Active reconnaissance is a computer attack where hackers communicate with a target system to collect information. The process involves probing a network for weaknesses, such as open ports or other possible entry points that include vulnerable routers.

“Reconnaissance” is a military term used to refer to missions into enemy territory to gather relevant information before carrying out an attack. In computer security, active reconnaissance is often the first step attackers take to gain insights into how best to enter a target network.

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Active Reconnaissance

Is Active Reconnaissance Only for Attackers? Can Ethical Hackers Use It?

No and yes, respectively. Many whitehat hackers use active reconnaissance to assess clients’ networks. They use it to detect system vulnerabilities and possible entry points. They then address these weaknesses before attackers can.

What Are the Widely Used Active Reconnaissance Tools?

After answering the question “What is active reconnaissance?” you may be wondering what tools it requires. Ethical hackers use various applications to interact with computers on a target network. They gather data that may not be available through other means using programs such as:


Metasploit is a penetration testing tool. While many threat actors use it to carry out attacks, whitehats employ it to develop intrusion detection/prevention systems (IDSs/IPSs), too. Since it is Ruby-based, users can write, test, and run exploit codes that allow them to conduct targeted analyses of security vulnerabilities.


Spyse is a cyber reconnaissance tool that combines active and passive techniques with instant data access. It is commonly used for a quick overview of the target-related assets to determine the attack surface, target vulnerability level, and relations between the main target and connected cyber-infrastructures. Overall, it was made to automate routine work and save time for picking the right attack vector.


Nmap is a network mapper. It is a free and open-source scanner for networks that users employ to discover hosts and detect system details, including currently running programs. It performs several types of scans against a wide range of IP addresses that send packets to a target network and analyzes its responses.


Developed by Tenable, Inc., Nessus is a remote vulnerability scanning tool that identifies vulnerable applications running on a system. It returns details on how threat actors can exploit weaknesses. While this tool does not come free of charge, it does produce a vast number of useful data that security teams can use, making it a worthy investment.


Open Vulnerability Assessment System (OpenVAS) is also widely used for vulnerability scanning and management. All of the components of OpenVAS run tests against clients’ computers, providing users comprehensive information about how guarded servers are against known attacks. OpenVAS was a subset of Nessus before it was commercialized, so it bears much of the latter’s functionality.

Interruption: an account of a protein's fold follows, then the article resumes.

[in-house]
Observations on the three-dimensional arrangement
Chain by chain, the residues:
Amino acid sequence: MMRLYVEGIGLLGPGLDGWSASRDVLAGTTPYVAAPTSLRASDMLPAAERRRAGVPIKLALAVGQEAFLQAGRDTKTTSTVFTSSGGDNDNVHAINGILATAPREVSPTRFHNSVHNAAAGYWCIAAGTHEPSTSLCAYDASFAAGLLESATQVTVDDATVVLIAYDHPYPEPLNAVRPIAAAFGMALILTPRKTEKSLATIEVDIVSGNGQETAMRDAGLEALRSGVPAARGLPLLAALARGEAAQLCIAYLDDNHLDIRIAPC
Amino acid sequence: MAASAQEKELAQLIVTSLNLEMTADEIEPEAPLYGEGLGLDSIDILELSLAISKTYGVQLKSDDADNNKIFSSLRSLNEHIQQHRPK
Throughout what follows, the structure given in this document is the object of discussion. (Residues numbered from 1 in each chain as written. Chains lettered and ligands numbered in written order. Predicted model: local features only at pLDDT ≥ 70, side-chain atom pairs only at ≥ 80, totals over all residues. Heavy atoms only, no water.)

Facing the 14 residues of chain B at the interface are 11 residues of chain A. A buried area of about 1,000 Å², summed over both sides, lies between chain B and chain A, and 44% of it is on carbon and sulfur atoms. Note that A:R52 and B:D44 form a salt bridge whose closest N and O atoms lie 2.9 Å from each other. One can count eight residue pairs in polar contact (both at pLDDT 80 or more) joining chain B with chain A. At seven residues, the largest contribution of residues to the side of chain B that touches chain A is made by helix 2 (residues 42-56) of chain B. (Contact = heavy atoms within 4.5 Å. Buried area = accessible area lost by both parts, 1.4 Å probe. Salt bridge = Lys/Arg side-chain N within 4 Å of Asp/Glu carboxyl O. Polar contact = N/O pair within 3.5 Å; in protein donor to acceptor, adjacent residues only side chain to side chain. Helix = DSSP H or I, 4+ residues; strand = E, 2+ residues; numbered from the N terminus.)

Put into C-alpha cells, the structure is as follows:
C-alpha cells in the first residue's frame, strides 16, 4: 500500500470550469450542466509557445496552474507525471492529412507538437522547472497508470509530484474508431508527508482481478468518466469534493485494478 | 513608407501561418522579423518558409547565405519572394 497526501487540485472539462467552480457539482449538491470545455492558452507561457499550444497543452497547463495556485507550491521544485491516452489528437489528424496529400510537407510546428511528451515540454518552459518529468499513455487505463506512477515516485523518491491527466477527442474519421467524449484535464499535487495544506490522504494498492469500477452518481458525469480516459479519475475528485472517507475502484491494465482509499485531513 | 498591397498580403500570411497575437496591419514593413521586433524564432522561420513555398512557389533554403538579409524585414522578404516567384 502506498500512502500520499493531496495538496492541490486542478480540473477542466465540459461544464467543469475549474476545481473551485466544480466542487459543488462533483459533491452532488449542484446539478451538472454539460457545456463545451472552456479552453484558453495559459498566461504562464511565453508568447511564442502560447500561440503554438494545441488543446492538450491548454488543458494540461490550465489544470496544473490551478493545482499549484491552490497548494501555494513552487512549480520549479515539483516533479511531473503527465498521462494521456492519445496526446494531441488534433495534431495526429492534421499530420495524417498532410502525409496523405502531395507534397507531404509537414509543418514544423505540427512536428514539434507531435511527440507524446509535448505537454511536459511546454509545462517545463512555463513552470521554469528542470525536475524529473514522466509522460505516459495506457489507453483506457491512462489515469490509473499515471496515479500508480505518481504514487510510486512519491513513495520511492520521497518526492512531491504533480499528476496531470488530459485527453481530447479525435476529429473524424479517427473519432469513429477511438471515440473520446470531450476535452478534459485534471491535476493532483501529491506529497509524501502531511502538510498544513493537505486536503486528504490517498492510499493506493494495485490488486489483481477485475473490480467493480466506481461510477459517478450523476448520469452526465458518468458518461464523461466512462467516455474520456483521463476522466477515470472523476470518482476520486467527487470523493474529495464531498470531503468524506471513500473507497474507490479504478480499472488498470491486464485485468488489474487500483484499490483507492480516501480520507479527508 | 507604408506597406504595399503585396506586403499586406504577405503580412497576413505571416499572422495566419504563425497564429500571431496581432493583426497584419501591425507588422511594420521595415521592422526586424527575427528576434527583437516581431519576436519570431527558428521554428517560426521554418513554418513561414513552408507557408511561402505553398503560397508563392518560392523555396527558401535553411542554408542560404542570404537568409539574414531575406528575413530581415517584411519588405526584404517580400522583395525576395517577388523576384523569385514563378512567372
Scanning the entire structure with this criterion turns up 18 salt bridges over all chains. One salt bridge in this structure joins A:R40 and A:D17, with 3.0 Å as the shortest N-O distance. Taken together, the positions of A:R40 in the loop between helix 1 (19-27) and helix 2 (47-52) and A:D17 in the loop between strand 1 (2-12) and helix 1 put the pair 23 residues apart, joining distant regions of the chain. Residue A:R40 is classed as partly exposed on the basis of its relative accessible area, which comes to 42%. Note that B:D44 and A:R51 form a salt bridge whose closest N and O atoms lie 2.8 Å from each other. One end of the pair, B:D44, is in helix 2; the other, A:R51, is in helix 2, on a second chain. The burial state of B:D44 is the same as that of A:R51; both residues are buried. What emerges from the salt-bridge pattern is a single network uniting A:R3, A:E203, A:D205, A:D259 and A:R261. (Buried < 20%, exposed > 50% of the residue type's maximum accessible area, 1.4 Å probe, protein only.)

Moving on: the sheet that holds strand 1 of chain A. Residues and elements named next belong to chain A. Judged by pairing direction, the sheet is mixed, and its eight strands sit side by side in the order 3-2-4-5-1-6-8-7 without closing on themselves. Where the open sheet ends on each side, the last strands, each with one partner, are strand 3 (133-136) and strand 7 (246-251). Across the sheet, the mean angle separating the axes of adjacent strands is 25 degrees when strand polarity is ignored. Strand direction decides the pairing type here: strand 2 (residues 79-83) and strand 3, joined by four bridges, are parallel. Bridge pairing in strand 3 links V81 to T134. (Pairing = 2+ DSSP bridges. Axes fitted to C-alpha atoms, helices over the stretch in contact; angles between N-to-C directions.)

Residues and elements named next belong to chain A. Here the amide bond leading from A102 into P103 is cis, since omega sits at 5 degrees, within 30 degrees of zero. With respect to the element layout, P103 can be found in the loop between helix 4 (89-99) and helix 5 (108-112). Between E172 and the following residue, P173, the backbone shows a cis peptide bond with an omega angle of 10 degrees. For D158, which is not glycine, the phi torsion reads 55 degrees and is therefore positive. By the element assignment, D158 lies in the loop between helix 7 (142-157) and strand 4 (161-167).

Nikto is a web server scanner that works much like Nessus and OpenVAS. It identifies several vulnerabilities in web servers. Unlike the active reconnaissance tools that threat actors use, Nikto is highly detectable by an IDS, so it is ideal for ethical hacking purposes.

Passive versus Active Reconnaissance, What’s the Difference?

The main difference between active and passive reconnaissance lies in the method. In active reconnaissance, the attackers actually interact with a target network and so leave trails. In passive reconnaissance, they do not actively engage with systems, leaving fewer or no clues of their presence.

Since the attacks’ methods differ, their results also vary. Active reconnaissance may be riskier but can generate more useful information. Passive reconnaissance yields more unreliable data and is often time-consuming.

Penetration testers use both to gather a more comprehensive overview of a network’s cybersecurity. They use them to identify and report vulnerabilities and carry out the necessary steps to prevent further attacks. Security usually involves setting up web application firewalls (WAFs) that can adapt to an organization’s growing needs, including both on-premise and cloud-based applications.

In an ideal world, systems must not have any vulnerability that would allow hackers with malicious intent to infiltrate and modify them. While active reconnaissance is a form of hacking, it is also an excellent means to fortify network protection.

Active reconnaissance tools can help ensure system protection at all times from all possible angles. Paired with an effective firewall and IDS/IPS solution, it can improve an organization’s cybersecurity posture. Now that you know the answer to the question “What is active reconnaissance?” you have taken the first step in ensuring you control who can see or access your network.